Saturday, November 6, 2010

A Single Man

Directed by Tom Ford.
2009. Rated R, 99 minutes.
Colin Firth
Julianne Moore
Nicholas Hoult
Matthew Goode
Ryan Simpkins
Jon Kortajarena

In 1962, George Falconer (Firth) is a college professor and gay man who becomes distraught when his partner of nearly two decades dies in a car accident. He contemplates suicide, finds comfort in the company of his friend/drinking buddy Charley (Moore) and is pursued by a rather persistent young man who also happens to be one of his students. Persistent is putting it nicely. He’s actually stalked, but since George never complains it’s all good.

We watch our hero in flashbacks to happier times with his mate, seriously consider sticking the gun from his desk drawer in his own mouth and squeezing the trigger, get interrupted, have a laugh with Charley or flirt with Kenny (Hoult), the stalker. This actually happens on a loop, so it seems as if we watch the same series of events play out repeatedly. Since we can tell rather early where this is all leading, it seems rather pointless..

Opportunities to really engage us go by the wayside. Yes, he’s a gay man in early sixties. There’s even a few hints that this is indeed a more intolerant time than our own, but nothing really relevant to the film. As I mentioned before, the young student stalks him which he brushes off. What we have is a situation based on obsession by the younger party and lust by the older with neither aspect really being explored. Even worse, the ethics of a professor seeing a student is never even brought into question.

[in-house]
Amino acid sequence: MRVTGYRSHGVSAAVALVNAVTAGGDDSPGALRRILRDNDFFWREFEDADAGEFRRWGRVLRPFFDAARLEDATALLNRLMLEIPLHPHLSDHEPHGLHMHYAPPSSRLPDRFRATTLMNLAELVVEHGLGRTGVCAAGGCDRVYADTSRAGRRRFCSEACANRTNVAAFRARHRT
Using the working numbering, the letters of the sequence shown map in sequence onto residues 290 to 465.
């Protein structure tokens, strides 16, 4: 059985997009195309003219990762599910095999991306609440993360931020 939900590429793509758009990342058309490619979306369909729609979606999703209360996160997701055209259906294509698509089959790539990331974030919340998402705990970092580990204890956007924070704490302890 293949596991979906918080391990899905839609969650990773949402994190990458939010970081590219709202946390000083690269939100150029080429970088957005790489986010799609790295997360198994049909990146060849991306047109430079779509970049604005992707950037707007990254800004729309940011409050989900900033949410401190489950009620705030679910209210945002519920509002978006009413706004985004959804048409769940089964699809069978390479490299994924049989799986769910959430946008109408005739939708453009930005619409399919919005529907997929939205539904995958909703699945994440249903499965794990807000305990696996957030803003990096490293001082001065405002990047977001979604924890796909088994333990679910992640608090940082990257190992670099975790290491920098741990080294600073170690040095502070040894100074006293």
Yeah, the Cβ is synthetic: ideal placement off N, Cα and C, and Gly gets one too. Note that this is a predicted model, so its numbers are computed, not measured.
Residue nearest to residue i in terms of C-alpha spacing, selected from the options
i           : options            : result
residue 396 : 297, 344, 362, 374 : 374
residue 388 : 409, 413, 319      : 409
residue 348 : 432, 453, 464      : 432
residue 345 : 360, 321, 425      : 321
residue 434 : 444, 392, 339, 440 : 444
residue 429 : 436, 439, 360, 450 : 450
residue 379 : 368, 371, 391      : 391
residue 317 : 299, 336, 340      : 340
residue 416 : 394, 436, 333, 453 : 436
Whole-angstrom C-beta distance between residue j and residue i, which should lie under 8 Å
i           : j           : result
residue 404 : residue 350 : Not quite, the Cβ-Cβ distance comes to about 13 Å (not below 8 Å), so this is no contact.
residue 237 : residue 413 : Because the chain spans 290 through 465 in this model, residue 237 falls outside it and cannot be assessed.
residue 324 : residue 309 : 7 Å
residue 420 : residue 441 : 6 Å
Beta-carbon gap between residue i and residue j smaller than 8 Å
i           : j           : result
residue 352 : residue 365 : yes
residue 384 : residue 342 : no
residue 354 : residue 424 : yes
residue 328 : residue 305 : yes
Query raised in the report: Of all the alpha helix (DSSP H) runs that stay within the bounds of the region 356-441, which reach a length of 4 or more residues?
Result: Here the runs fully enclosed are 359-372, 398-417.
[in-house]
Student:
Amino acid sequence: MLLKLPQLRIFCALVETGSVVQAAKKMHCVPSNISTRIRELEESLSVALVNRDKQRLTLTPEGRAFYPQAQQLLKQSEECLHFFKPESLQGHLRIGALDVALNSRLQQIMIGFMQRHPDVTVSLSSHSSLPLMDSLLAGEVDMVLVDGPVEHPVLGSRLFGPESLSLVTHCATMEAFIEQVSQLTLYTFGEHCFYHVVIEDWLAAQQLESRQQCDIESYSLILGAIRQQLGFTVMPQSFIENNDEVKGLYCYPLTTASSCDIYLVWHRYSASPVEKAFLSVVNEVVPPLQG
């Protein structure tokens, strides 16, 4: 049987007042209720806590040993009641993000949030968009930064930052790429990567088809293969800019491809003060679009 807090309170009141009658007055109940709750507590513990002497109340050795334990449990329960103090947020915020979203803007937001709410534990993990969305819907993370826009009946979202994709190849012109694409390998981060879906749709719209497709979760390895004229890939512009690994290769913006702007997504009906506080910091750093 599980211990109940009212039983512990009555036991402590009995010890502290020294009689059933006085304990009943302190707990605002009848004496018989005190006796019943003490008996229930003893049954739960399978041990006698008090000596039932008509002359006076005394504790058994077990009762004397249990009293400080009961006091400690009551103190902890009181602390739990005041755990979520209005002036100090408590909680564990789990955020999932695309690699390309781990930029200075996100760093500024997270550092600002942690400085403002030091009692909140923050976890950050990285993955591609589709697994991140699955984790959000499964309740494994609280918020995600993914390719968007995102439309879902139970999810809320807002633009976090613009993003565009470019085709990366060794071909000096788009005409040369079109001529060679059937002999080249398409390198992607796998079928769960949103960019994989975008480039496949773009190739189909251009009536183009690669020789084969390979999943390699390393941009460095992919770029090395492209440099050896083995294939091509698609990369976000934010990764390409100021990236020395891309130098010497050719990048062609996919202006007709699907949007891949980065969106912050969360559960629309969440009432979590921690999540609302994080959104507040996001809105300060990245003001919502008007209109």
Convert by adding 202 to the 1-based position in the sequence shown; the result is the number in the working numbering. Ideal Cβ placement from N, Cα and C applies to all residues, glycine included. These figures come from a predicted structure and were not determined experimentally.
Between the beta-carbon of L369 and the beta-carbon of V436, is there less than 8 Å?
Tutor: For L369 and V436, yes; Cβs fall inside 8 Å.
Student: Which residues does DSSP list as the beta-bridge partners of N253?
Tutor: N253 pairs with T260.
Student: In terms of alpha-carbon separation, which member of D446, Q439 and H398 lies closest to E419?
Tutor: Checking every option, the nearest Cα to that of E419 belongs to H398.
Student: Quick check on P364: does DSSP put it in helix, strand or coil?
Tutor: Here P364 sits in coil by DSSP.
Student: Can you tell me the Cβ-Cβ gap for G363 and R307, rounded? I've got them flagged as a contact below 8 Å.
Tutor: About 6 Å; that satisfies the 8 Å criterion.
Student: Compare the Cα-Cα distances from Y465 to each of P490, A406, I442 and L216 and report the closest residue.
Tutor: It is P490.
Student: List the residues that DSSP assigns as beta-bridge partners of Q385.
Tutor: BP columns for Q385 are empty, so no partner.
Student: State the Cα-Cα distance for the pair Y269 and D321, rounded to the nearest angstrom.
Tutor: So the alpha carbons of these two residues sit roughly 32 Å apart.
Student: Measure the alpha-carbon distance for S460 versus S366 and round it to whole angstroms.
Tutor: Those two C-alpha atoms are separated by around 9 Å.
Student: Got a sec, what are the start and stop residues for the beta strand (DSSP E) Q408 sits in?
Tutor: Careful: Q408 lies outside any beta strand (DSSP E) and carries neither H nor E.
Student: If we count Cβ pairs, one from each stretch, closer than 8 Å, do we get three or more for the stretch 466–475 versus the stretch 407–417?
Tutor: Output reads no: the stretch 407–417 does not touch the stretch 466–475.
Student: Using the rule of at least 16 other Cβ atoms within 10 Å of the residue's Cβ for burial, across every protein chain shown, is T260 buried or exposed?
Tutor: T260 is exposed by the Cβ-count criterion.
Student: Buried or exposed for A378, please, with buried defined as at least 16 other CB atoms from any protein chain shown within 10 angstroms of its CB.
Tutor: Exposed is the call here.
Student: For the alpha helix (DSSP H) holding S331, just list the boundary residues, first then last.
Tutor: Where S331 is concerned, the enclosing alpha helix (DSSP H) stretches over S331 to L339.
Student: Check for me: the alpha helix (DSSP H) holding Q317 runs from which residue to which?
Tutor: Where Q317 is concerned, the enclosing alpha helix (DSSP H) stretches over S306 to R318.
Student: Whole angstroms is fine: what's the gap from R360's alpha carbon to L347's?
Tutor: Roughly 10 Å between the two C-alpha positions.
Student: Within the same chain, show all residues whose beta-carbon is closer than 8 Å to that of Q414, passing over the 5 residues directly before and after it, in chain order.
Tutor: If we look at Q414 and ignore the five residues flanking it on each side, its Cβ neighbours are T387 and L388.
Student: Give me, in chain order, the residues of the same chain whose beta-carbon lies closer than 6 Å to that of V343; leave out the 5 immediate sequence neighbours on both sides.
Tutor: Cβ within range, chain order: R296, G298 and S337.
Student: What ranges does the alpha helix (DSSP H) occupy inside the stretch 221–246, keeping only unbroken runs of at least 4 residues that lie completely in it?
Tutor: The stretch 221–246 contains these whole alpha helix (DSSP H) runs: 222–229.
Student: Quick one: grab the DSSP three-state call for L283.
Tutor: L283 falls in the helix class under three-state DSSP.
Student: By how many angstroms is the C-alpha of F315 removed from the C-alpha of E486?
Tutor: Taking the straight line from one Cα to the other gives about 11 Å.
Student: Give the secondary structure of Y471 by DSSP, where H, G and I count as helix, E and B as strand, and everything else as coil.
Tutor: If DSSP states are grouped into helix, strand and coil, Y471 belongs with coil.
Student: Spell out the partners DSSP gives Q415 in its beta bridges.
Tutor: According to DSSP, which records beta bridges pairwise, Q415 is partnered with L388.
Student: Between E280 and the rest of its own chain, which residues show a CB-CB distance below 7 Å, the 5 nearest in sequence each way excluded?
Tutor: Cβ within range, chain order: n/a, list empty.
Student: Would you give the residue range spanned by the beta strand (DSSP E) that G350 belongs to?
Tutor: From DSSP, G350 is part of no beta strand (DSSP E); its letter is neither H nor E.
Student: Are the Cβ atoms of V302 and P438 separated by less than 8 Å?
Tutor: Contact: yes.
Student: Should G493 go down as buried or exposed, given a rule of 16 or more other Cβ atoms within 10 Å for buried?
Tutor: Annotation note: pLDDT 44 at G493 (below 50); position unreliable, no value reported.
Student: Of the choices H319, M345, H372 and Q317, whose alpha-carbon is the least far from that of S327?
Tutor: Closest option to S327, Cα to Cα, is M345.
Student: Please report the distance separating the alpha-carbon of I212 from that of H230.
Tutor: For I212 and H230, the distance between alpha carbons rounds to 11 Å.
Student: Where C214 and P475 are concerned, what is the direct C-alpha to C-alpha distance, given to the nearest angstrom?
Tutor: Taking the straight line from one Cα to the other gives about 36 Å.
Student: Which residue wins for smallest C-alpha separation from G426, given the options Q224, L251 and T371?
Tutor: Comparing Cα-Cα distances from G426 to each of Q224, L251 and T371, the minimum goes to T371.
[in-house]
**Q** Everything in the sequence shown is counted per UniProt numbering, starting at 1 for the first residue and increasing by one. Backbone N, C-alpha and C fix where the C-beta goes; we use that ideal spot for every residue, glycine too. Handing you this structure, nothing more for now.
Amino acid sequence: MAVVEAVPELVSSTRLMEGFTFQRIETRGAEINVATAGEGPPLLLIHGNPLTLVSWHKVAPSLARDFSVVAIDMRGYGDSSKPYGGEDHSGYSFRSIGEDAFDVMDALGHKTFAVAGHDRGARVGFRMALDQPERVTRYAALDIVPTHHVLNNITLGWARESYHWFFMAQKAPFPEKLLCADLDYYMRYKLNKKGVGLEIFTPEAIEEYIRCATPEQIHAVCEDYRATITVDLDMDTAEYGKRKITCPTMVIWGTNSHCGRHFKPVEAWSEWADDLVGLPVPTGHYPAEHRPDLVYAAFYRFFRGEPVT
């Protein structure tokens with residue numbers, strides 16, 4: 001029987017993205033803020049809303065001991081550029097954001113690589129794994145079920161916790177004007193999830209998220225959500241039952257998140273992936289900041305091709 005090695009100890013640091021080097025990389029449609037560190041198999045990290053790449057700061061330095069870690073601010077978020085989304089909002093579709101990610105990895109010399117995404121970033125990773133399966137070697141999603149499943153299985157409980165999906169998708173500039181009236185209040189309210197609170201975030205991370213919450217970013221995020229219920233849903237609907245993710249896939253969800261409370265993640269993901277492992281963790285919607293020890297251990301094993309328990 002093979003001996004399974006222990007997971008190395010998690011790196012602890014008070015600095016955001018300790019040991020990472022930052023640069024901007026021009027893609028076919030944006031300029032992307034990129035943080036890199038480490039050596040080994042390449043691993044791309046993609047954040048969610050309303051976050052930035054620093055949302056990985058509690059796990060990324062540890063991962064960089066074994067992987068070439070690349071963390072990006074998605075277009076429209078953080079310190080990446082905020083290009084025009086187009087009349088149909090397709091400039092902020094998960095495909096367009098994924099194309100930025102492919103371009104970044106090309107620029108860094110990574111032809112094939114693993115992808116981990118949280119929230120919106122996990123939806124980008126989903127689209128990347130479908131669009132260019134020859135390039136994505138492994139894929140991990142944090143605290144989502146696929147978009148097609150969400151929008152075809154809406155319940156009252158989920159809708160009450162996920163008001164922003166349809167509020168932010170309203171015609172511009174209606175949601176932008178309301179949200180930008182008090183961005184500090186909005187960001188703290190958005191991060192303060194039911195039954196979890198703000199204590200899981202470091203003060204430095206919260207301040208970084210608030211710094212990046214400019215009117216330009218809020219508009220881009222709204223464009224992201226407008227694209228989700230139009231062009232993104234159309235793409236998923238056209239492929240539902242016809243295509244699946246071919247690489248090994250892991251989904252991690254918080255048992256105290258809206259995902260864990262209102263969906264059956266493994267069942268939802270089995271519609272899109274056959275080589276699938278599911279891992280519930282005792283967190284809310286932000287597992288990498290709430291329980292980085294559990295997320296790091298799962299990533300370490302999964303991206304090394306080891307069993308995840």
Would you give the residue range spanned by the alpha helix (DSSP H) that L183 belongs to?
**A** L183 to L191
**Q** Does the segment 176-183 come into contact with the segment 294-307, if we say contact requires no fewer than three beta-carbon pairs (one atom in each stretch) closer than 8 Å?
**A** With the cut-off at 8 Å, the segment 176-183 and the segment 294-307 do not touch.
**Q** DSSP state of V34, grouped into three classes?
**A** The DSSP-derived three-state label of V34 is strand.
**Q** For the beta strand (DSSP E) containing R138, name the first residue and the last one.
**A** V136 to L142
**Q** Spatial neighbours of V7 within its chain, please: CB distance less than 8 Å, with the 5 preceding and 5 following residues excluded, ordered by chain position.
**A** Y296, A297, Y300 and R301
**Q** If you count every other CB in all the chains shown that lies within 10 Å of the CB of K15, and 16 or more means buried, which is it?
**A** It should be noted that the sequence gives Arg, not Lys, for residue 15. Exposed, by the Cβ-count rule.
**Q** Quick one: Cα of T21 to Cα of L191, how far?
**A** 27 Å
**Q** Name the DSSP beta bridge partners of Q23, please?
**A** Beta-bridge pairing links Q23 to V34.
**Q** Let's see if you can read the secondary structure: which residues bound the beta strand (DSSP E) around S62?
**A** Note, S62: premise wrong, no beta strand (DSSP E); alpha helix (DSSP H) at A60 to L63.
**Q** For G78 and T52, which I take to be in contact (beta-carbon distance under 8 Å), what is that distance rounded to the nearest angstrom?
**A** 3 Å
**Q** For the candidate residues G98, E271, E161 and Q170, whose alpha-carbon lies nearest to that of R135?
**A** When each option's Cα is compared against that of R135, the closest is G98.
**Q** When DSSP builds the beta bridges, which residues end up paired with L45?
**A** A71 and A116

There are some good things going on. George’s scenes with Charley are easily the best in the movie. They share memories, wine, laughs, even a sexual past. What makes these work is the empathy we feel for her. She’s been unlucky in love and clearly pines for a man she can never have in the way she wants.

Through it all, the actors turn in some excellent work. Firth is very good at showing his emotions on his face without over-emoting. It’s a nice, subtle performance. Julianne Moore is excellent. In the unsung role of Jim, the deceased lover seen only in flashbacks, Matthew Goode is also very good.

In the end, it’s a decent watch, but it doesn’t realize it’s full potential. The story is told in a manner suggesting we’re watching something important but never gets around to what that might be.

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